Bloggers as a Political Force
Mister Snitch has some interesting ideas for ramping up the Porkbusters effort into a more powerful grassroots movement. He suggests some “serious, real-world steps it must take” if it “wants to have a serious, real-world impact.” Among them:
2) Establish tangible relationships with politicians. That means get in their face. Literally. They need to see Porkbusters’ reps in their offices.
But it also means Porkbusters podcasts. Podcasts are more tangible than blog posts. They portray bloggers in a way politicians understand – faces, body language, voices, unedited behavior. More significantly, podcasts allow bloggers to easily cross over into television. Big-name bloggers (and certainly some are involved here) have an audience that they can drive to TV, and the newtworks know it (particularly networks that are hurting for compelling programming, such as MSNBC). Podcasts hand free content to the nets, along with a ready-made audience. Once Porkbusters podcasts are a TV staple, they will develop an offline constituency. Crossing over to the mainstream from online is key to Porkbusters’ success, and this is a step PB’s founders are particularly well-positioned to take.
4) Raise funds. Raising funds accomplishes two goals. First, it is a demonstration of Porkbusters’ resolve. See points 3 and 4 at top. Proving that he could raise funds online was what lifted Howard Dean above the pack. (Knowing Dean as we now do, it turns out that’s pretty much all he had going for him, but it was enough to make him spokesman of the DNC today.) Raise funds, and raise them regularly, and you’ll become a player. Your calls will be returned. (Welcome to real-world politics!)
Now, there’s something to all of this. The status quo is backed not only be inertia but by powerful, well-organized, well-funded interest groups. It may well be that best way to fight that is through superior organization and fundraising. But are bloggers the best choice for doing this?
There are several problems, it seems to me, with bloggers trying to band together to become a Movement.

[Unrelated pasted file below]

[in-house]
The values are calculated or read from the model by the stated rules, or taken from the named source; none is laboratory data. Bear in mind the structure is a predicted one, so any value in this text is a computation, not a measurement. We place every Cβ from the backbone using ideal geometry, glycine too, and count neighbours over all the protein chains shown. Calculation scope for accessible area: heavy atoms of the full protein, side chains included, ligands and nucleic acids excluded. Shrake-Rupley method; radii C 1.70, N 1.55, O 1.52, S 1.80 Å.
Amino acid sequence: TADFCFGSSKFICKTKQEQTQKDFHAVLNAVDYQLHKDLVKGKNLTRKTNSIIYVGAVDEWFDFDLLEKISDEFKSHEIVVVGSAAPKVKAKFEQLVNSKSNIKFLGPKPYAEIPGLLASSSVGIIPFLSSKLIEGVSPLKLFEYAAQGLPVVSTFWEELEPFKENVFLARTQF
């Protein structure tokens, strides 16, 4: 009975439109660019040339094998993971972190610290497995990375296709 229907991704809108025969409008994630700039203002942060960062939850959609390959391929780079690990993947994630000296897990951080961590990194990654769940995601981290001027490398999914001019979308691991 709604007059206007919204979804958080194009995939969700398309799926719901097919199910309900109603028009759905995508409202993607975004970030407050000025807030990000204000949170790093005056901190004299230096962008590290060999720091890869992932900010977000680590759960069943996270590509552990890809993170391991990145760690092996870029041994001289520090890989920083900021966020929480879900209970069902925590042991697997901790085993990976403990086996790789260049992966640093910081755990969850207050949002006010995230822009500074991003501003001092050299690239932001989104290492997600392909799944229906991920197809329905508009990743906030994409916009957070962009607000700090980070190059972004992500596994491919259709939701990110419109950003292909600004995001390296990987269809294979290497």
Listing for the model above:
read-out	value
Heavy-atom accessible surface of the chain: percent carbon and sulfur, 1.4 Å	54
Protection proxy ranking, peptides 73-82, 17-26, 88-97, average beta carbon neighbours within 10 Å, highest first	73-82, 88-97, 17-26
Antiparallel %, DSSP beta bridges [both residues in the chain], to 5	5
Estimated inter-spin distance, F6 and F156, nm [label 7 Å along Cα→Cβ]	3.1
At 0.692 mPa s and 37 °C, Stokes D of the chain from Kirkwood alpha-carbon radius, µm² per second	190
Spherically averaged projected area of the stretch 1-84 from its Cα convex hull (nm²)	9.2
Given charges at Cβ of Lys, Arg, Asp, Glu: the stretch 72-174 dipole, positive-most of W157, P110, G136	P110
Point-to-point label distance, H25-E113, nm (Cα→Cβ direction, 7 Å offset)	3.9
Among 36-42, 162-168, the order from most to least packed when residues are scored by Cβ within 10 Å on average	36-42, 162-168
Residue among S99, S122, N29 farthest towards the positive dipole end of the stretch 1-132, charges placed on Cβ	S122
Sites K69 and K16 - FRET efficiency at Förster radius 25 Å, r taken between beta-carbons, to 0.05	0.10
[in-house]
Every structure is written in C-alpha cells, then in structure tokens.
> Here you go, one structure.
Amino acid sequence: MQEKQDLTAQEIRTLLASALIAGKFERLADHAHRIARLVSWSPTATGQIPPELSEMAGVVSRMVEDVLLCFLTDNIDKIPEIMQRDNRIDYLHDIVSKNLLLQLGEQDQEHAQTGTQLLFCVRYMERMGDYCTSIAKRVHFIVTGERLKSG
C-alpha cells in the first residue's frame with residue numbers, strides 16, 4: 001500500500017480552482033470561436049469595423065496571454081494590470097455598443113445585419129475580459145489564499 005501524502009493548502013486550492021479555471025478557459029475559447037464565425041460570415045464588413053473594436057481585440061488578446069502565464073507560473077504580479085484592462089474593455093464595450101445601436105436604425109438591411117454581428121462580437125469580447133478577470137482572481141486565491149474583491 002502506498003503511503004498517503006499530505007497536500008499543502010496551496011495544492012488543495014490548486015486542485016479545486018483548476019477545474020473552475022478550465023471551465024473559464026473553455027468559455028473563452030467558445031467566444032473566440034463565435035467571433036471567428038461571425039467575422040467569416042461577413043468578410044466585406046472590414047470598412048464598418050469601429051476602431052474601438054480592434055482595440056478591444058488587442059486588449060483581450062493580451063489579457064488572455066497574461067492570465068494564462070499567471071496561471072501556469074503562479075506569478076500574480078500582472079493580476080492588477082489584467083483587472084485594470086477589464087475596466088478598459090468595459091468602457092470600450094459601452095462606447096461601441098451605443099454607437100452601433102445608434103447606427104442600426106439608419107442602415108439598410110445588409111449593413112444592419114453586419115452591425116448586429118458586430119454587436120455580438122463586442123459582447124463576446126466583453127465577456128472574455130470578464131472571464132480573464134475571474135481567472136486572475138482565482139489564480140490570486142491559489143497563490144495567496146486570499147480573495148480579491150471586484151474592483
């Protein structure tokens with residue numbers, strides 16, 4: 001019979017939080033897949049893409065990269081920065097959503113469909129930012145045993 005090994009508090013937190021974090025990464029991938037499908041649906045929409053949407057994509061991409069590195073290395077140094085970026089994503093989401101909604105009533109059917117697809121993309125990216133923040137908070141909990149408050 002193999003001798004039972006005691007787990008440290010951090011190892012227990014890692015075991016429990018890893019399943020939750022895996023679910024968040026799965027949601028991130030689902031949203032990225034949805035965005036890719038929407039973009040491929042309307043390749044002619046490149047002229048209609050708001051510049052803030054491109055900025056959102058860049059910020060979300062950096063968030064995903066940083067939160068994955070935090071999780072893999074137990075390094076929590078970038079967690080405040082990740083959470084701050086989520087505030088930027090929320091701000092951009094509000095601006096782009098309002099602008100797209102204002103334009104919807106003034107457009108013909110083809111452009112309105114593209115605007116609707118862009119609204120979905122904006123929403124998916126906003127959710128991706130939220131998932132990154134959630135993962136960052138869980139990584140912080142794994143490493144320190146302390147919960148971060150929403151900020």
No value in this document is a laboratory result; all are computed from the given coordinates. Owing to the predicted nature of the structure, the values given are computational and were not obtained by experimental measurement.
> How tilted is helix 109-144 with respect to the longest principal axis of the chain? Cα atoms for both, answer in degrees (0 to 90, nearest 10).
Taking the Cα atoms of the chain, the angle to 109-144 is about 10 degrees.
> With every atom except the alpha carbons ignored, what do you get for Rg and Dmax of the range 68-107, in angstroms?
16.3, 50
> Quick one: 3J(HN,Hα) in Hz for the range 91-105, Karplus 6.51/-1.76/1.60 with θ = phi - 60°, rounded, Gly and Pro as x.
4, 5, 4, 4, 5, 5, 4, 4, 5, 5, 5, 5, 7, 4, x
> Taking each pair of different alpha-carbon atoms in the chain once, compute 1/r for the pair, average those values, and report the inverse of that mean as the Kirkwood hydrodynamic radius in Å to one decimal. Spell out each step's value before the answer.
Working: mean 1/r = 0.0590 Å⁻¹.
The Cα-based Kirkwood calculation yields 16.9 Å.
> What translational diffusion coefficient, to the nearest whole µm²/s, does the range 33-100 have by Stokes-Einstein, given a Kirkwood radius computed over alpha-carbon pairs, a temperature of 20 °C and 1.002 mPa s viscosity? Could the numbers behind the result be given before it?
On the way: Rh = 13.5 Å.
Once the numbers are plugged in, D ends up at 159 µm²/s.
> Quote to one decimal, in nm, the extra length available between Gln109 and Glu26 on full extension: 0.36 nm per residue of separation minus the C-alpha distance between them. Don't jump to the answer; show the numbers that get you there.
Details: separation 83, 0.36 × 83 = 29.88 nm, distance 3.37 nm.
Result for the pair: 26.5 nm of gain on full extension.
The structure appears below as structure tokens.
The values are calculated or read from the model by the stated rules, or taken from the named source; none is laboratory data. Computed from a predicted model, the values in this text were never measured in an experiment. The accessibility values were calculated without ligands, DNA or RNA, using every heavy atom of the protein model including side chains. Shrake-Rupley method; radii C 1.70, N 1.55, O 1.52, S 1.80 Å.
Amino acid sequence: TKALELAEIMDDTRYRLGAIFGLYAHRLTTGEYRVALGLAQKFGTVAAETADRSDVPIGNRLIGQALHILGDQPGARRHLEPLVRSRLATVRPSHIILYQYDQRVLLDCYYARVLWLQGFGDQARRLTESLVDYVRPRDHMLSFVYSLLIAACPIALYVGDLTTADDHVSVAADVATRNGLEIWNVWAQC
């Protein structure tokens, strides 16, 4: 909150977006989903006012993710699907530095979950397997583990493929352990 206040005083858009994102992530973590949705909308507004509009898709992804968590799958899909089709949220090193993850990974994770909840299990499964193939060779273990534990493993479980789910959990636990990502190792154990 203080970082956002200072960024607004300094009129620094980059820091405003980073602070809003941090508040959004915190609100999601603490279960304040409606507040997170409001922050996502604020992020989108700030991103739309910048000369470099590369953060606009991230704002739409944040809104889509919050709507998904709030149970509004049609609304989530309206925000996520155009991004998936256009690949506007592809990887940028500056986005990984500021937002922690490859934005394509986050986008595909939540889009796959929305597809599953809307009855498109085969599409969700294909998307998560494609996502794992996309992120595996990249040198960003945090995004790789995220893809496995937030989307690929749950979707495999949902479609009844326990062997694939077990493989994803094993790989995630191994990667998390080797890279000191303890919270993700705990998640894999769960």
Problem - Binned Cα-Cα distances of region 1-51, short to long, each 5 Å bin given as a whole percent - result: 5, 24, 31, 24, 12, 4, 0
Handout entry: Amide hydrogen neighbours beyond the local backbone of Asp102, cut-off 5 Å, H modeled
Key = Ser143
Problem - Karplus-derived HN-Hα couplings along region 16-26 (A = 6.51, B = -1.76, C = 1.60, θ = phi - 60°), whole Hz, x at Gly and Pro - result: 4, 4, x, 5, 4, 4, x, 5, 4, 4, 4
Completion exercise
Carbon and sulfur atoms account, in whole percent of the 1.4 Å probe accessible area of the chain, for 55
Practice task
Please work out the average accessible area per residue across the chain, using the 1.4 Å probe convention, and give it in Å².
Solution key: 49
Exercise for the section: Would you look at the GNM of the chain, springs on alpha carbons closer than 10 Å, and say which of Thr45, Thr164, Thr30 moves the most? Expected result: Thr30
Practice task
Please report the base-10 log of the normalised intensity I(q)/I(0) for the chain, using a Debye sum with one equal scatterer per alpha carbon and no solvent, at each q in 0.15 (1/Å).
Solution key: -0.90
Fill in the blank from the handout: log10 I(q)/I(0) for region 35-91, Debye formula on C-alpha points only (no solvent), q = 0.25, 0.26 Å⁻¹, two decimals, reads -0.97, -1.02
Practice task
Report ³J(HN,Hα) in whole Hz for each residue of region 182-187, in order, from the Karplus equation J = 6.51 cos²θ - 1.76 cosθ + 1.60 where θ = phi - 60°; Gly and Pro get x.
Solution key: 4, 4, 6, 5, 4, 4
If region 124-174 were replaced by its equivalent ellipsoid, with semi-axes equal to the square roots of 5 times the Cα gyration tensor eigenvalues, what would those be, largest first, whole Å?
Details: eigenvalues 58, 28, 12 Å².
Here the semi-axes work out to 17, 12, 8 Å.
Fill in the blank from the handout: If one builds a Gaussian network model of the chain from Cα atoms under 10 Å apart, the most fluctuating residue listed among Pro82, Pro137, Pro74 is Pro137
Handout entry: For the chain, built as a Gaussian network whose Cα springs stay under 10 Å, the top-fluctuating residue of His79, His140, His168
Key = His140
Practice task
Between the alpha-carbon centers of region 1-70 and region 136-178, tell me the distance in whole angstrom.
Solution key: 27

1) There are people who are much better at organizing and fundraising than we are. There are hundreds upon hundreds of established organizations who already do this. There are certainly numerous well-heeled groups out there already trying to call attention to wasteful government spending. Adding amateurs to the mix will likely not change the balance much.
2) We would, in essence, become a K-Street lobbying organization lobbying against K-Street lobbying organizations. And, as noted, there are already people doing precisely that.
3) By hammering on a collective agenda rather than offering our independent analysis on a case-by-case basis, we seriously risk compromising our appeal. I don’t want to be the blogging equivalent of the hacks who go on television representing the two political parties and won’t deviate from the party line one iota.
4) Most of us have day jobs. Who among us has the time to hang out in politicians’ offices, record amateur television shows, and so forth? It’s hard enough finding time to blog.
The best way for bloggers to influence the system is by being effective bloggers. In those instances where the Blogosphere has made a substantial impact–Trent Lott, RatherGate, Eason Jordan, etc.–it has because our research and writing has generated attention on its own accord.
Rather than trying to become a third-rate interest group, we should concentrate on being first-rate bloggers.
Update: I should caveat that blogging and activism aren’t mutually exclusive. DailyKos and RedState are obvious examples of combining those endeavors. In both cases, though, they are run by full-time political operatives. The above discussion is about bloggers in the pure sense–people from other walks of life who write on the side.